After the Smoke Clears: Toward Education for Sustainable Development in Bhopal
Radhika Iyengar and Monisha Bajaj
Vol. 55, No. 3 (August 2011), pp. 424-456
Publisher: The University of Chicago Press
http://www.jstor.org/ stable/10. 1086/660680

This article examines approaches to environmental education (EE) in Bhopal, India. It is an attempt to understand how much EE as a topic has been incorporated into formal curricula. An analysis of state and national syllabi indicates a focus on conventional, natural sciences approaches to the environment, thus neglecting the social science aspects of education for sustainable development across all grade levels. Environmental disasters are given a very general treatment with no contextual link to incidents like the Bhopal gas tragedy of 1984. Social dimensions like environmental citizenship are also minimally mentioned. Finally, the article highlights the large gap between national educational policy frameworks and the actual incorporation of EE in state and national textbooks.

Environmental Advocacy as a Critical component of Environmental Education 
Bhargavi S. Rao, Environment Support Group, Bengaluru, India
Almost all Environmental education programs today focus on scientific knowledge and much of this is taught within the four walls of a classroom with very little exposure to ground realities. Much of such education is imparted, even at higher levels, with very little focus on the socio-economic and cultural dimensions of the impacts of the current paradigm of development. Making connections from the local to the global issues or understanding the issues from different world views is largely rhetorical.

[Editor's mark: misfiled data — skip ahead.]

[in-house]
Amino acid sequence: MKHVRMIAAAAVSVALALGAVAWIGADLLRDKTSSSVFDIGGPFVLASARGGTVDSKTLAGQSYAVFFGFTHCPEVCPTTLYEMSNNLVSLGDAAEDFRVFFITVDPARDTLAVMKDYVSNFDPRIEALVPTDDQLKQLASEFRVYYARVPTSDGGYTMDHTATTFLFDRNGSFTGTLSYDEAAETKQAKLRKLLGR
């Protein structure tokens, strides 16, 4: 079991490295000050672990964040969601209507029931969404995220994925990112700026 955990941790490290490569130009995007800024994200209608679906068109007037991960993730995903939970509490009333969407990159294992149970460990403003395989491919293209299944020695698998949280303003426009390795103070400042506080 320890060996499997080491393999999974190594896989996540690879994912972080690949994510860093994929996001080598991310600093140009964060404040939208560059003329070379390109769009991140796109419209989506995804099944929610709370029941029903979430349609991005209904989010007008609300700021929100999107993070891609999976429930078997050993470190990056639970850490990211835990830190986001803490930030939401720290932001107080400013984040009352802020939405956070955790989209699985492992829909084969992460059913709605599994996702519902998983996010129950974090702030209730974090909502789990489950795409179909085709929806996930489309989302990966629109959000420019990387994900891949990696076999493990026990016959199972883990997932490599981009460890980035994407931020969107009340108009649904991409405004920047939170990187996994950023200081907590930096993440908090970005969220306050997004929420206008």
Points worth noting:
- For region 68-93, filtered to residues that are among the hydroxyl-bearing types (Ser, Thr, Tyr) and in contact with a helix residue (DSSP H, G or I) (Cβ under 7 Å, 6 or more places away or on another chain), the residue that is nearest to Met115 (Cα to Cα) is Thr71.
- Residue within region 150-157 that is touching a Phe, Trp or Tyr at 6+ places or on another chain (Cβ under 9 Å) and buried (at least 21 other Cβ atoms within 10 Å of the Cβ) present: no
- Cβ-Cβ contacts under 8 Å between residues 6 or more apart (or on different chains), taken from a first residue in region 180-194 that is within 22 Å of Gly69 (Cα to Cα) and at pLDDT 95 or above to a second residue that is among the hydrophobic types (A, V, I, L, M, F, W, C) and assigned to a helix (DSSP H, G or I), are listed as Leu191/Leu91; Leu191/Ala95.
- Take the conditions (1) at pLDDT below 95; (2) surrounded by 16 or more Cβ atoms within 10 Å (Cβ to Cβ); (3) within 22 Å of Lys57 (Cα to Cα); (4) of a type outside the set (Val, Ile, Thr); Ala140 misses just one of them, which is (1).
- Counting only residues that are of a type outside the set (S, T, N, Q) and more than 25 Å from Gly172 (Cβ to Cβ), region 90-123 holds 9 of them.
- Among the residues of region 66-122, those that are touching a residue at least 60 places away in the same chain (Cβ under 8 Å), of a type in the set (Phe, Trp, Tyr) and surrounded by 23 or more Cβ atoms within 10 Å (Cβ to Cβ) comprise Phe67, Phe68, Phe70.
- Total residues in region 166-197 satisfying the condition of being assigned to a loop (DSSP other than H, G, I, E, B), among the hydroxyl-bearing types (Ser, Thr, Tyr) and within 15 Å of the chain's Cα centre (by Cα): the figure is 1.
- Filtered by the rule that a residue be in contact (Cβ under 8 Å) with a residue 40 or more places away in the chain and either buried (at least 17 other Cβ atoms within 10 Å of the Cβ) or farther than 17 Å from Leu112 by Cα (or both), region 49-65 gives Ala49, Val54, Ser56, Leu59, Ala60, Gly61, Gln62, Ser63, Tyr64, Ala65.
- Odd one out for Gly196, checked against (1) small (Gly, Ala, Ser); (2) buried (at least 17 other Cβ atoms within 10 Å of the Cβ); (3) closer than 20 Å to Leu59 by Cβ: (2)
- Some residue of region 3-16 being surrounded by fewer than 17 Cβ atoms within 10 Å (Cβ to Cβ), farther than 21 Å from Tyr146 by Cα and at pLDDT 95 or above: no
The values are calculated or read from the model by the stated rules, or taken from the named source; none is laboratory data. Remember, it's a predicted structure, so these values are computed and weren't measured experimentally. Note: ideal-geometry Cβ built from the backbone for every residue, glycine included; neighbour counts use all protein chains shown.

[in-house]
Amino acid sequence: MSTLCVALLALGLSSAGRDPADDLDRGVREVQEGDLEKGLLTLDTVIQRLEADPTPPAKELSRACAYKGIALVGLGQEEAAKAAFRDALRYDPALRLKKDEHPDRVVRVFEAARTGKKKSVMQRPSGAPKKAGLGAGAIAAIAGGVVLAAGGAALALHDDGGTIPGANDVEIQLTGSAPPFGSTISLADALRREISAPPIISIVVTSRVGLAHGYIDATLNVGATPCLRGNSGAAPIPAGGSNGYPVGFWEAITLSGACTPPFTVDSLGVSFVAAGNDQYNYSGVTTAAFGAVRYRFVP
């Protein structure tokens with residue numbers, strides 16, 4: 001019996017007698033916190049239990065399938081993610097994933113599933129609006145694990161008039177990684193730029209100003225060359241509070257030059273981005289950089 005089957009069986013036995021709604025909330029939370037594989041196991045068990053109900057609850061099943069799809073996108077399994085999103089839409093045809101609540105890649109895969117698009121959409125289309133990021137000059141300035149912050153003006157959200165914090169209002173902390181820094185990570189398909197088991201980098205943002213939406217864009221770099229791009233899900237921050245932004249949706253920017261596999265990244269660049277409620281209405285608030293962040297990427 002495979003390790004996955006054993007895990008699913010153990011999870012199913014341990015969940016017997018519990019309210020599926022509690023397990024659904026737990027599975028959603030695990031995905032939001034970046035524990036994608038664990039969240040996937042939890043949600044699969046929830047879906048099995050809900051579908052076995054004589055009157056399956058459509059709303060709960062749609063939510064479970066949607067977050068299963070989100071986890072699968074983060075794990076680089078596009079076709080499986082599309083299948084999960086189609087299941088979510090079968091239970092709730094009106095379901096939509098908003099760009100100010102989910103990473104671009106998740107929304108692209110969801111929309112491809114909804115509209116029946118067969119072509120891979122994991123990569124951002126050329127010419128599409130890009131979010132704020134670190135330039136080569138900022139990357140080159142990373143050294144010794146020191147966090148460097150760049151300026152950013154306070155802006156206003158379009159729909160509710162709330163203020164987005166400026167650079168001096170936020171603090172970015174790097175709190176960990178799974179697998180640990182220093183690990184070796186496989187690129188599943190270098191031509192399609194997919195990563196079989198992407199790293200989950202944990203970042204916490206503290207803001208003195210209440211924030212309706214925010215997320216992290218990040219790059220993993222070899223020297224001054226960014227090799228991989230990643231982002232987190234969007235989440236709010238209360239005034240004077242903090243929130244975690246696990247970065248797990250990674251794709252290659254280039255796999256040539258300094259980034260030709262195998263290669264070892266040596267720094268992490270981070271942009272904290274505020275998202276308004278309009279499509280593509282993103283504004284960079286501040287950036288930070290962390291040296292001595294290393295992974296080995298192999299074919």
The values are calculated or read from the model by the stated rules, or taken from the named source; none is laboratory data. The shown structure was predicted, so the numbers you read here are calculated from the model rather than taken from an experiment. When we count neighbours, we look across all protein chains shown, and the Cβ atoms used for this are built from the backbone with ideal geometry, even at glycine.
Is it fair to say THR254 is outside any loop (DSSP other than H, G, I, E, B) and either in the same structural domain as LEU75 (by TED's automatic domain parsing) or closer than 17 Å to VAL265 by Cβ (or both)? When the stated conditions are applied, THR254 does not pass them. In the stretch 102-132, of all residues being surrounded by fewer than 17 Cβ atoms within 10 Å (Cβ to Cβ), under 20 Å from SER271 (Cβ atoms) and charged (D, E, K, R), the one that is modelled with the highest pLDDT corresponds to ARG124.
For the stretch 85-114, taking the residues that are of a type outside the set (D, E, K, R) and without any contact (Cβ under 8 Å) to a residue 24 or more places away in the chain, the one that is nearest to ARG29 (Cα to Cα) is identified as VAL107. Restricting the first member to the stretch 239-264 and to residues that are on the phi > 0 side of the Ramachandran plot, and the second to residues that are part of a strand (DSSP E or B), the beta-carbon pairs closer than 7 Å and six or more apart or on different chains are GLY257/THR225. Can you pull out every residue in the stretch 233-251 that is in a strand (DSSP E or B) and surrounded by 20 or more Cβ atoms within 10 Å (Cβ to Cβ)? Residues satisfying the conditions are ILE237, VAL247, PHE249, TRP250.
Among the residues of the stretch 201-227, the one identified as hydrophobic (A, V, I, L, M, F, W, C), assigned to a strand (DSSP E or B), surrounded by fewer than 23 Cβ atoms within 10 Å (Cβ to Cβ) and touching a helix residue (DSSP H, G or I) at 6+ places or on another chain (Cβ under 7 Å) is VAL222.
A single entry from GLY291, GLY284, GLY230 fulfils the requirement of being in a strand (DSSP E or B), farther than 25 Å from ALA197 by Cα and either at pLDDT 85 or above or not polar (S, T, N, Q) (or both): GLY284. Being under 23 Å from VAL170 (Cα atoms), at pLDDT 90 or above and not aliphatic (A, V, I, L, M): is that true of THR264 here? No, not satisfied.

There is a lack of capacity building in the education systems to create a future citizenry who will be environmental advocates of the City, State or Nation in a context that projects humanistic values of stewardship in the framework of intergenerational principles of action. Environmental education systems, at least in India, completely lack this perspective in the taught curricula.

This stream of learning is looked down as being politically incorrect, economically useless and in general not keeping with the classical framework of productive learning in an education process. Unless we address this fundamental challenge, our objective of evolving a citizenry capable of stewarding a planet in peril is extremely difficult. Needless to state, it may become impossible for our formal decision making cycles to consider the overwhelming need to respond with due dispatch in establishing at least a workable relationship with our ways of living and the environmental limits of our planetary systems.

Based on experiences in advocating change in environmental decision making processes in India, this paper explores the importance of training youth as part of their EE in some basic skills of environmental advocacy. It is argued that such engagement would help initiate a process of change at a time when the planet is in deep crisis and humanity must reshape its ways of living. Some case studies of Environment Support Group, a non profit organization focused on environmental and social justice, are utilized to establish the need for such engagement of EE in our society.

For more information visit: http://tinyurl.com/Environmental-Advocacy

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